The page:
div. in p. aeg.
Abbreviation for L. divide in partes aequales, divide into equal parts.

divulse (di-vuls′)
To tear away or apart. [L. divello, pp. di-vulsus, to pull apart]

divulsion (di-vul′shun)
1. Removal of a part by tearing. 2. Forcible dilation of the walls of a cavity or canal.

divulsor (di-vul′ser, -sor)
An instrument for forcible dilation of the urethra or other canal or cavity.

Dix
M.R., 20th century British otologist. See D.-Hallpike maneuver.

dixyrazine (di-zir′a-zen)
A phenothiazine compound used as an antipsychotic.

dizygotic, dizygous (di′zi-got′ik, di-zi′gus)
Relating to twins derived from two separate zygotes, i.e., bearing the same genetic relationship as full sibs but sharing a common intrauterine environment. [G. di-, two, + zygotos, yoked together]

dizziness (diz′i-nes)
Imprecise term commonly used to describe various symptoms such as faintness, giddiness, imbalance, lightheadedness, unsteadiness, or vertigo. SEE ALSO: vertigo. [A. S. dyzig, foolish]

djenkolic acid (jeng-kol′ik)
S,S′-Methylenebiscysteine;a sulfur-containing amino acid, resembling cystine but with a methylene bridge between the two sulfur atoms; very insoluble. [djenkol bean, bean in which first isolated]

dl-
Prefix (in small capital letters) denoting a substance consisting of equal quantities of the two enantiomorphs, d and l; replaces the older dl- as a more exact definition of structure.

dl-narcotine (nar′ko-ten)
SYN: gnoscopine.

DM
Abbreviation for adamsite; diabetes mellitus; diastolic murmur; dopamine.

DMA
Abbreviation for dimethoxyamphetamine.

DMARD
Acronym for disease modifying antirheumatic drugs, under drug.

DMC
Abbreviation for p,p,′-dichlorodiphenyl methyl carbinol.

D.M.D.
Abbreviation for Doctor of Dental Medicine.

dmf, DMF
Abbreviation for decayed, missing, and filled teeth. SEE ALSO: dmfs caries index.

dmfs, DMFS
Abbreviation for decayed, missing, and filled surfaces. SEE ALSO: d. caries index.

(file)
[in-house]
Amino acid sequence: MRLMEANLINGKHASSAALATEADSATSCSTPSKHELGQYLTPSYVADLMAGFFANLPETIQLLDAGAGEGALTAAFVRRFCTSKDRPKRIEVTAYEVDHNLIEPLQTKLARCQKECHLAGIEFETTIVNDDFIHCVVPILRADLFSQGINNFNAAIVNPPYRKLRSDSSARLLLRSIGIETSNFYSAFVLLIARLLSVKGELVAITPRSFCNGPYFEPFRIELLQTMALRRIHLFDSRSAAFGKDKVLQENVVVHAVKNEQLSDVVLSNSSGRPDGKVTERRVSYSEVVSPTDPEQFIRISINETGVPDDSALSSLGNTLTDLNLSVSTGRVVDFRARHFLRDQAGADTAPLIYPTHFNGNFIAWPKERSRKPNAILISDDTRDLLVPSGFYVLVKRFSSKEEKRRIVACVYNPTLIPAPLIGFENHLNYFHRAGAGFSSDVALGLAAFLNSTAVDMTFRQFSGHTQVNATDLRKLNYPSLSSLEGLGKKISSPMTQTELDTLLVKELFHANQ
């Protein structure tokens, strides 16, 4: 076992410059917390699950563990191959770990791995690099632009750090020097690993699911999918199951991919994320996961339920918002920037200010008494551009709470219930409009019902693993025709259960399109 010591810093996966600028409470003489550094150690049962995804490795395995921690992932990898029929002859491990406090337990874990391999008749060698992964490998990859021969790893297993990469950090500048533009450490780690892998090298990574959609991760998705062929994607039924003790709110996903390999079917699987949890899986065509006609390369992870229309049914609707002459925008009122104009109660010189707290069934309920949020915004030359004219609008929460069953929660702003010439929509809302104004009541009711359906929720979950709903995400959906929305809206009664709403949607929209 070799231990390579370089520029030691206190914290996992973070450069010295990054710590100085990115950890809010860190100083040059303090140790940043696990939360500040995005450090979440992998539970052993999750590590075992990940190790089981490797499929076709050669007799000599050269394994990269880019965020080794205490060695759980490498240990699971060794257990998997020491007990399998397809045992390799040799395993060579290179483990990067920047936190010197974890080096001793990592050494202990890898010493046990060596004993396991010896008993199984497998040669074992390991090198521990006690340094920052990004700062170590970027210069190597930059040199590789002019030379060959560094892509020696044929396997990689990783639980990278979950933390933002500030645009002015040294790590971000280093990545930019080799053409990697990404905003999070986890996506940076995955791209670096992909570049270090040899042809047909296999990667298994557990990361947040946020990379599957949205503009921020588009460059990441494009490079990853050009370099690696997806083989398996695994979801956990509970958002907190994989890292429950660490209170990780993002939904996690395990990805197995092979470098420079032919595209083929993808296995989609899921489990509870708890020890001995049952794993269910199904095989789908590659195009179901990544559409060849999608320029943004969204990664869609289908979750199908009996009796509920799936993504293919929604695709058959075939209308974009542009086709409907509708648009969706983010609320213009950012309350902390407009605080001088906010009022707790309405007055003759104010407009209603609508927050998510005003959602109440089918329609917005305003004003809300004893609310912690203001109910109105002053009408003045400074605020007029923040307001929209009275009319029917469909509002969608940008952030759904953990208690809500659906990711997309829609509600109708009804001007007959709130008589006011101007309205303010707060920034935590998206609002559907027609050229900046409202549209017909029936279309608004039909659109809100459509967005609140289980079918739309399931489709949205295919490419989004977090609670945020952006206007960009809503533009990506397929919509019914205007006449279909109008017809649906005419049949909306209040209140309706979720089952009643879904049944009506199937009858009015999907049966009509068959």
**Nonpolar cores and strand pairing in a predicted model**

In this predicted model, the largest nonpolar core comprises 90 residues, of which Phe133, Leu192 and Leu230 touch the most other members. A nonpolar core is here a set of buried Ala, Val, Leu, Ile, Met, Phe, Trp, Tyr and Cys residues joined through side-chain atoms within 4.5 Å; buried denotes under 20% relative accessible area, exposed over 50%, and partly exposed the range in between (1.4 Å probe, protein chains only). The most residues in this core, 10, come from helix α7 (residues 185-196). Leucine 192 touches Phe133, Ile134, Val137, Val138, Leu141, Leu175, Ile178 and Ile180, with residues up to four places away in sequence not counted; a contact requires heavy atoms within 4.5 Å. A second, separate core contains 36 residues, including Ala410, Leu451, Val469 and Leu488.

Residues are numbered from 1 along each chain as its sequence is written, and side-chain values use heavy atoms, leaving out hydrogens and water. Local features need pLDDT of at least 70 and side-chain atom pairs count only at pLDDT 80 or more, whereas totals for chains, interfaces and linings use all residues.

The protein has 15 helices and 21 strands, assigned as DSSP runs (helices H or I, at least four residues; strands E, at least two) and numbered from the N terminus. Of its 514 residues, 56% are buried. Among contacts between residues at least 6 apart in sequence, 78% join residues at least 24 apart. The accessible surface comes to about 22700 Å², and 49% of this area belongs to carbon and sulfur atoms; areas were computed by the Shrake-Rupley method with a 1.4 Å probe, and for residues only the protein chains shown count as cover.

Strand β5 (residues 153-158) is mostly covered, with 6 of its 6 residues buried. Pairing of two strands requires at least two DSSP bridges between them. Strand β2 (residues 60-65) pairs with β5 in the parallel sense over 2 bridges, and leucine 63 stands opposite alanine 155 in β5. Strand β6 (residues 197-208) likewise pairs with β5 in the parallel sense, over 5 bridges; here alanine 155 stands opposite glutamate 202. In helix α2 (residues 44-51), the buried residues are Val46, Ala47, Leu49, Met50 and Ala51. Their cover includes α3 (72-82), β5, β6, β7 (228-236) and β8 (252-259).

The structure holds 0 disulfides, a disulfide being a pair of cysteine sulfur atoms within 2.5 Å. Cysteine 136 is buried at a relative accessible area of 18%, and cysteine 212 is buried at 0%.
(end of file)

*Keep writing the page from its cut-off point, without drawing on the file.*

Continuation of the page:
DMPP
Abbreviation for dimethylphenylpiperazinium.

DMSA
See 99mTc-dimercaptosuccinic acid.

DMSO
Abbreviation for dimethyl sulfoxide.

DMT
Abbreviation for N,N-dimethyltryptamine.

DN
Abbreviation for dibucaine number.

DNA
Abbreviation for deoxyribonucleic acid. For terms bearing this abbreviation, see subentries under deoxyribonucleic acid.

DNA diagnostics
SYN: genetic testing. See DNA markers, familial screening, prenatal screening.

dnaG
SYN: primase.

DNA markers
Segments of chromosomal DNA known to be linked with heritable traits or diseases. Although the markers themselves do not produce the conditions, they exist in concert with the genes responsible and are passed on with them. Certain markers, restriction fragment length polymorphisms, consist of segments of DNA that can be identified on autoradiographs (produced after digestion of the DNA by restriction enzymes and segregation of the resulting fragments through gel electrophoresis).

DNAse, DNAase, DNase
Abbreviations for deoxyribonuclease.

DNP, Dnp
1. Abbreviation for 2,4-dinitrophenol. 2. Abbreviation for deoxyribonucleoprotein.

DNR
Abbreviation for “do not resuscitate.”

Dns, DNS
Abbreviations for dansyl.

D.O.
Abbreviation for Doctor of Osteopathy.

DOA
Abbreviation for dead on arrival.

dobutamine (do-bu′ta-men)
A synthetic derivative of dopamine characterized by prominent inotropic but weak chronotropic and arrhythmogenic properties; a cardiotonic agent.

DOC
Abbreviation for deoxycorticosterone; deoxycholate.

d'Ocagne
Philbert M., French mathematician, 1862–1938. See d'Ocagne nomogram.

doctor (dok′ter)
1. A title conferred by a university on one who has followed a prescribed course of study, or given as a title of distinction; as d. of medicine, laws, philosophy, etc. 2. A physician, especially one upon whom has been conferred the degree of M.D. by a university or medical school. [L. a teacher, fr. doceo, pp. doctus, to teach]

doctrine (dok′trin)
A particular system of principles taught or advocated. [L. doceo, to teach] Arrhenius d. the theory of electrolytic dissociation (1887) that became the basis of our modern understanding of electrolytes: in an electrically conductive solution ( e.g., acid, base, or salt), free ions are present before electrolysis, and the proportion of molecules dissociated into ions can be calculated from measurements of electrical conductivity as well as of osmotic pressure. SYN: Arrhenius law. humoral d. the ancient Greek theory of the four body humors (blood, yellow and black bile, and phlegm) that determined health and disease. The humors were associated with the four elements (air, fire, earth, and water), which in turn were paired with one of the qualities (hot, cold, dry, and moist). A proper and evenly balanced mixture of the humors characterized health of body and mind; an imperfect balance resulted in disease. Temperament of body or mind also was supposed to be determined, e.g., sanguine (blood), choleric (yellow bile), melancholic (black bile), or phlegmatic (phlegm). SYN: fluidism, humoralism, humorism. Monro d. a d. that states that the cranial cavity is a closed rigid box and that therefore a change in the quantity of intracranial blood can occur only through the displacement of or replacement by cerebrospinal fluid. SYN: Monro-Kellie d.. Monro-Kellie d. SYN: Monro d..